The Substance Use Disorders Working Group of the Psychiatric Genomics Consortium (PGC-SUD) is supported by funds from NIDA and NIMH to MH109532 and, previously, with analyst support from NIAAA to U01AA008401 (COGA). J.M.’s contributions were partially supported by the Peter Boris Chair in Addictions Research. S.S.-R. was supported by the Frontiers of Innovation Scholars Program (FISP; #3-P3029), the Interdisciplinary Research Fellowship in NeuroAIDS (IRFN; MH081482) and a pilot award from DA037844. R.M. was supported by the European Union through the European Regional Development Fund (Project No. 2014-2020.4.01.15-0012) and the European Union’s Horizon 2020 Research and Innovation Programme under grant agreements No 692065 and 692145. J.K. was supported by Academy Professorship grants by the Academy of Finland (263278, 292782). M.R. is a recipient of a Miguel de Servet contract from the Instituto de Salud Carlos III, Spain (CP09/00119 and CPII15/00023).

Contributors to the 23andMe Research Team

M. Agee, B. Alipanahi, A. Auton, R. K. Bell, K. Bryc, S. L. Elson, P. Fontanillas, N. A. Furlotte, D. A. Hinds, K. E. Huber, A. Kleinman, N. K. Litterman, J. C. McCreight, M. H. McIntyre, J. L. Mountain, E. S. Noblin, C. A. M. Northover, S. J. Pitts, J. Fah Sathirapongsasuti, O. V. Sazonova, J. F. Shelton, S. Shringarpure, C. Tian, J. Y. Tung, V. Vacic and C.H. Wilson.

Contributors to the International Cannabis Consortium

S. Stringer, C. C. Minica, K. J. H. Verweij, H. Mbarek, M. Bernard, J. Derringer, K. R. van Eijk, J. D. Isen, A. Loukola, D. F. Maciejewski, E. Mihailov, P. J. van der Most, C. Sánchez-Mora, L. Roos, R. Sherva, R. Walters, J.J. Ware, A. Abdellaoui, T. B. Bigdeli, S. J. T. Branje, S. A. Brown, M. Bruinenberg, M. Casas, T. Esko, I. Garcia-Martinez, S. D. Gordon, J. M. Harris, C. A. Hartman, A. K. Henders, A. C. Heath, I. B. Hickie, M. Hickman, C. J. Hopfer, J. J. Hottenga, A. C. Huizink, D. E. Irons, R. S. Kahn, T. Korhonen, H. R. Kranzler, K. Krauter, P. A. C. van Lier, G. H. Lubke, P. A. F. Madden, R. Mägi, M. K. McGue, S. E. Medland, W. H. J. Meeus, M. B. Miller, G. W. Montgomery, M. G. Nivard, I. M. Nolte, A. J. Oldehinkel, Z. Pausova, B. Qaiser, L. Quaye, J. A. Ramos-Quiroga, V. Richarte, R. J. Rose, J. Shin, M. C. Stallings, A. I. Stiby, T. L. Wall, M. J. Wright, H. M. Koot, T. Paus, J. K. Hewitt, M. Ribasés, J. Kaprio, M. P. M. Boks, H. Snieder, T. Spector, M. R. Munafò, A. Metspalu, J. Gelernter, D. I. Boomsma, W. G. Iacono, N. G. Martin, N. A. Gillespie, E. M. Derks and J. M. Vink.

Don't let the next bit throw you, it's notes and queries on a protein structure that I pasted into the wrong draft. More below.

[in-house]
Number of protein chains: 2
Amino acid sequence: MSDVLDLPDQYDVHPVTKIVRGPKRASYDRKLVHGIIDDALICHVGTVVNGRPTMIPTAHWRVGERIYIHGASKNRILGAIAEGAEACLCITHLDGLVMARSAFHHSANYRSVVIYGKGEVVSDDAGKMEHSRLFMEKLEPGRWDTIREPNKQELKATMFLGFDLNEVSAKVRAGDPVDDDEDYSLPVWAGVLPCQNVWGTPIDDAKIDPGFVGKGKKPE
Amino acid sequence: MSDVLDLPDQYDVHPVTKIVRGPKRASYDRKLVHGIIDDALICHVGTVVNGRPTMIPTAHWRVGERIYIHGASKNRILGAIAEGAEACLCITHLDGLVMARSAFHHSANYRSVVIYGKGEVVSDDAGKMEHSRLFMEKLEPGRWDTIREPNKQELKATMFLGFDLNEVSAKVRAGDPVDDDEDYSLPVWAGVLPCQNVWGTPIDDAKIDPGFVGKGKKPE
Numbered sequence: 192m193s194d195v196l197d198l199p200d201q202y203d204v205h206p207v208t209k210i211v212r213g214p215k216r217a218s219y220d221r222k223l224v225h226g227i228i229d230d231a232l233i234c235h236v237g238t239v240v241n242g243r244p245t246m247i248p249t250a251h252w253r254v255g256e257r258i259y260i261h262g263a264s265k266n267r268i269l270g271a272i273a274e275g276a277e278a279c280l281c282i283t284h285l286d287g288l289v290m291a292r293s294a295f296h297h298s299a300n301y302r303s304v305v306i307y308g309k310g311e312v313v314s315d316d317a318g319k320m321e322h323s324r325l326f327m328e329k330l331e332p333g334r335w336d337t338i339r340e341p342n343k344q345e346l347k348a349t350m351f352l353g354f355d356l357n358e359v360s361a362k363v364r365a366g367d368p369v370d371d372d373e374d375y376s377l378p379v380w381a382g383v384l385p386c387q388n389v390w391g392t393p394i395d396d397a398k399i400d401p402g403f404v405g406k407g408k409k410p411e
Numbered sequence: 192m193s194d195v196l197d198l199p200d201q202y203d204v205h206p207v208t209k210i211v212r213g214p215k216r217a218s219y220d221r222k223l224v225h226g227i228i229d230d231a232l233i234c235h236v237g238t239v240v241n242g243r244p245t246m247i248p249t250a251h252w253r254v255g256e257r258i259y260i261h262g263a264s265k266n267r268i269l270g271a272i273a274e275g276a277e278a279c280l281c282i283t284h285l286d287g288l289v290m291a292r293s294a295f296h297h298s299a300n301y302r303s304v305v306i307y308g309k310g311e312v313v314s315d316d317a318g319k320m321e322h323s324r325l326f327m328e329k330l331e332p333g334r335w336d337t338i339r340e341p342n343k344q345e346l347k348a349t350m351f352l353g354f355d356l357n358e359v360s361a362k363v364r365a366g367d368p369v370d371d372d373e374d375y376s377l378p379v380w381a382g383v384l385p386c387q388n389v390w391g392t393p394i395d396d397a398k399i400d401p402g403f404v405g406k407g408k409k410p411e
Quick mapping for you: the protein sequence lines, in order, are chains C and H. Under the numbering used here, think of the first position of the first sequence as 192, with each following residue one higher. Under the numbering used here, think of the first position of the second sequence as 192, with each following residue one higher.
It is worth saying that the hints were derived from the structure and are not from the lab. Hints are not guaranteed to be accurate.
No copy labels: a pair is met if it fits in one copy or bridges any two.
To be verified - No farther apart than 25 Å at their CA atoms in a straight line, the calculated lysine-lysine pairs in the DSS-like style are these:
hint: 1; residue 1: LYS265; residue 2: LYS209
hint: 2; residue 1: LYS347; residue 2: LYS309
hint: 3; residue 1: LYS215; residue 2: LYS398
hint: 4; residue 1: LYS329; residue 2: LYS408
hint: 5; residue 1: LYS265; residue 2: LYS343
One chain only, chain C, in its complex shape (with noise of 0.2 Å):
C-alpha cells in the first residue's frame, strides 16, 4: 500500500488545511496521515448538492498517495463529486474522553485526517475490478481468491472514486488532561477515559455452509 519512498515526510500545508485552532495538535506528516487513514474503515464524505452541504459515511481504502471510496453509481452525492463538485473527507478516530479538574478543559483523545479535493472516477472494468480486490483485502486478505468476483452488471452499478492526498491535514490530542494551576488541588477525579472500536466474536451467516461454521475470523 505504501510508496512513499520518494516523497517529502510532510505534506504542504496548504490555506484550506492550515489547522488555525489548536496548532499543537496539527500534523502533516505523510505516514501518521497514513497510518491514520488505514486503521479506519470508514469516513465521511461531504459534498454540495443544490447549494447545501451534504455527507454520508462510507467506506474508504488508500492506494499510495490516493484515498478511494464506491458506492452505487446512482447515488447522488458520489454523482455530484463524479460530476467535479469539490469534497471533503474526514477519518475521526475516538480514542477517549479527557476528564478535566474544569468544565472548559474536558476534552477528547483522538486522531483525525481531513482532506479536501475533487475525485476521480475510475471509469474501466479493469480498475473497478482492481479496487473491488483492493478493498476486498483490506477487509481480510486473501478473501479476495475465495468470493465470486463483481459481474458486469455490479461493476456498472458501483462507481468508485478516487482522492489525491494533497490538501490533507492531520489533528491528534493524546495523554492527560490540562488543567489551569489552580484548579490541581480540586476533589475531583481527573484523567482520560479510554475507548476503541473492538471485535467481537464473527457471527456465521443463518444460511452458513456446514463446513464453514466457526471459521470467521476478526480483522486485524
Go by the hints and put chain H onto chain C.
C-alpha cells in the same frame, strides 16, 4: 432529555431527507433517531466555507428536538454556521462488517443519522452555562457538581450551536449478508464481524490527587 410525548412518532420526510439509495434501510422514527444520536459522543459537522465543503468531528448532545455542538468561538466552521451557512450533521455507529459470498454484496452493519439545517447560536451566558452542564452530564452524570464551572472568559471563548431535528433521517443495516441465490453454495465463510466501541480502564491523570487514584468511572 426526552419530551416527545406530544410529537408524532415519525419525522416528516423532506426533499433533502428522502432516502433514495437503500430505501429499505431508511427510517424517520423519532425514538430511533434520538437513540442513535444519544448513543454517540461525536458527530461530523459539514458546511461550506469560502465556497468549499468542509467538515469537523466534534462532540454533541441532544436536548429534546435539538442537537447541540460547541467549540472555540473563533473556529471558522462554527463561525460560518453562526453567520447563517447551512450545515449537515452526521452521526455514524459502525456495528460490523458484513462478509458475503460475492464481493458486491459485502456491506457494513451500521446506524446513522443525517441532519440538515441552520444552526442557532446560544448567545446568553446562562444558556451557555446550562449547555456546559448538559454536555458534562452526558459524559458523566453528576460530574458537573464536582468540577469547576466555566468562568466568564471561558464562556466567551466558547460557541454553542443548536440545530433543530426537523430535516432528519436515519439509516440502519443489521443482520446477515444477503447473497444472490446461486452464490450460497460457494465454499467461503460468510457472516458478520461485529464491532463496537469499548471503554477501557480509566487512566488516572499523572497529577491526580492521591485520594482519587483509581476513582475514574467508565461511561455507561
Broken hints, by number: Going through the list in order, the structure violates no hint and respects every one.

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Contributions

K.J.H.V., E.M.D. and J.M.V. were responsible for the study concept and the design of the study. I.C.C. contributed existing genome-wide summary data from the International Cannabis Consortium. The PGC-SUD group provided summary statistics of the cannabis dependence GWAS. S.S., S.S.-R., M.G.N., B.M.L.B., J.-S.O., H.F.I., M.D.v.d.Z., M.B., F.R.D., P.F., S.M., J.R.B.P., A.A.P. and D.P. performed or supervised genome-wide association analyses. J.A.P. performed the quality control and meta-analysis of genome-wide association studies, under supervision of K.J.H.V., B.M.L.B. and J.M.V. J.A.P., K.J.H.V., Z.G., J.L.T., A.A., M.R.M. and E.M.D. contributed to secondary analyses of the data. J.A.P., K.J.H.V., Z.G., N.A.G., E.M.D. and J.M.V. wrote the manuscript. J.L.D., S.J.T.B., C.A.H., A.C.H., P.A.C.v.L., P.A.F.M., R.M., W.M., G.W.M., A.J.O., Z.P., J.A.R.-Q., T.P., M.R., J.K., M.P.M.B., J.T.B., T.D.S., J.G., D.I.B. and N.G.M. contributed to data acquisition of the samples in the International Cannabis Consortium. S.L.E., H.d.W., L.K.D. and J.M.K. contributed to data acquisition and analysis for the 23andMe dataset. All authors provided critical revision of the manuscript for important intellectual content.